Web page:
Less than a week after Prime Minister Hun Sen announced plans to reduce the price that migrant workers in Phnom Penh pay for electricity, the municipality hosted 12 public forums Monday to discuss a new payment scheme to be overseen by state operator Electricite du Cambodge (EdC).
In an effort to prevent landlords from profiting off the resale of electricity to their tenants, the government plans to outfit tens of thousands of rented rooms in the city with its own electricity meters, with renters paying between 610 and 820 riel ($0.15 to $0.20) per kWh directly to the EdC.
Landlords currently install their own meters and are allowed to set their own rates—often well above what they are charged by the electricity firm—for the electricity being used in their buildings.
At a public meeting with more than 200 building owners in Sen Sok district, Im Sophan, the head of EdC in the district, said the new meters will be installed throughout the city in the coming months.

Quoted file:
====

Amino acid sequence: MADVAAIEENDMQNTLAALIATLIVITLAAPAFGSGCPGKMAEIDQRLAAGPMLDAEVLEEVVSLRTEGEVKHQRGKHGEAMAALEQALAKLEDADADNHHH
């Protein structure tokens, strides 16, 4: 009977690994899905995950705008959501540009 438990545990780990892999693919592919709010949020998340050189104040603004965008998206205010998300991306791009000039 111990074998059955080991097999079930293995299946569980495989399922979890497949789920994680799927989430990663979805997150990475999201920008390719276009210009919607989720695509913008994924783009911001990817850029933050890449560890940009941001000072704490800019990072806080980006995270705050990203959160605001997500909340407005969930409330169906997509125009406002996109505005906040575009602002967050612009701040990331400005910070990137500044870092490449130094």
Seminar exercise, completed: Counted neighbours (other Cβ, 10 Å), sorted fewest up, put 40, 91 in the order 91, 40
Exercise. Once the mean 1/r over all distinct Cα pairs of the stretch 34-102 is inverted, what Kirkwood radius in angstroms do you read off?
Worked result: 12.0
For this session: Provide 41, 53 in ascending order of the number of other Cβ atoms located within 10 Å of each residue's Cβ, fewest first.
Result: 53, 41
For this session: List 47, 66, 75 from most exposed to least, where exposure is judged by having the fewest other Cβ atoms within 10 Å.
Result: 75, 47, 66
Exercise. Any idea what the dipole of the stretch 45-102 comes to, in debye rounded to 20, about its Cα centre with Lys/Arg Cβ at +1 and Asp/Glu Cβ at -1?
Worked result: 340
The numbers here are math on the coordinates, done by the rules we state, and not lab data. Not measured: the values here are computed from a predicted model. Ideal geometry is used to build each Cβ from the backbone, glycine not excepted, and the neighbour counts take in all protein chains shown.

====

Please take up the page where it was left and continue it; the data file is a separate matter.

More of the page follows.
“We are waiting for the meters to arrive from Thailand. There are 30,000 to 40,000 meters that will arrive in about two months,” he said.
A number of landlords at the meeting said the plan was flawed, as neither building owners nor tenants could afford to foot the bill for the new equipment.
Than Phearom, 36, a landlord in Phnom Penh Thmei commune, said workers would not be able to pay the security deposit of about $7.50 that the EdC would require from tenants.
“How will the worker deposit 30,000 riel to the EdC when they can barely buy rice for only 1,000 riel a day?” Mr. Phearom asked.
At another meeting in Russei Keo district between EdC representatives and more than 400 property owners, landlords also aired their objections.
“The EdC should not change anything,” said Sok Ny, an apartment building owner. “I will only take a little bit, not the same as in the past.”
But Kong Phalla, head of the EdC’s Wat Phnom branch, insisted that the new system was necessary.
“This project is to benefit poor people,” he said.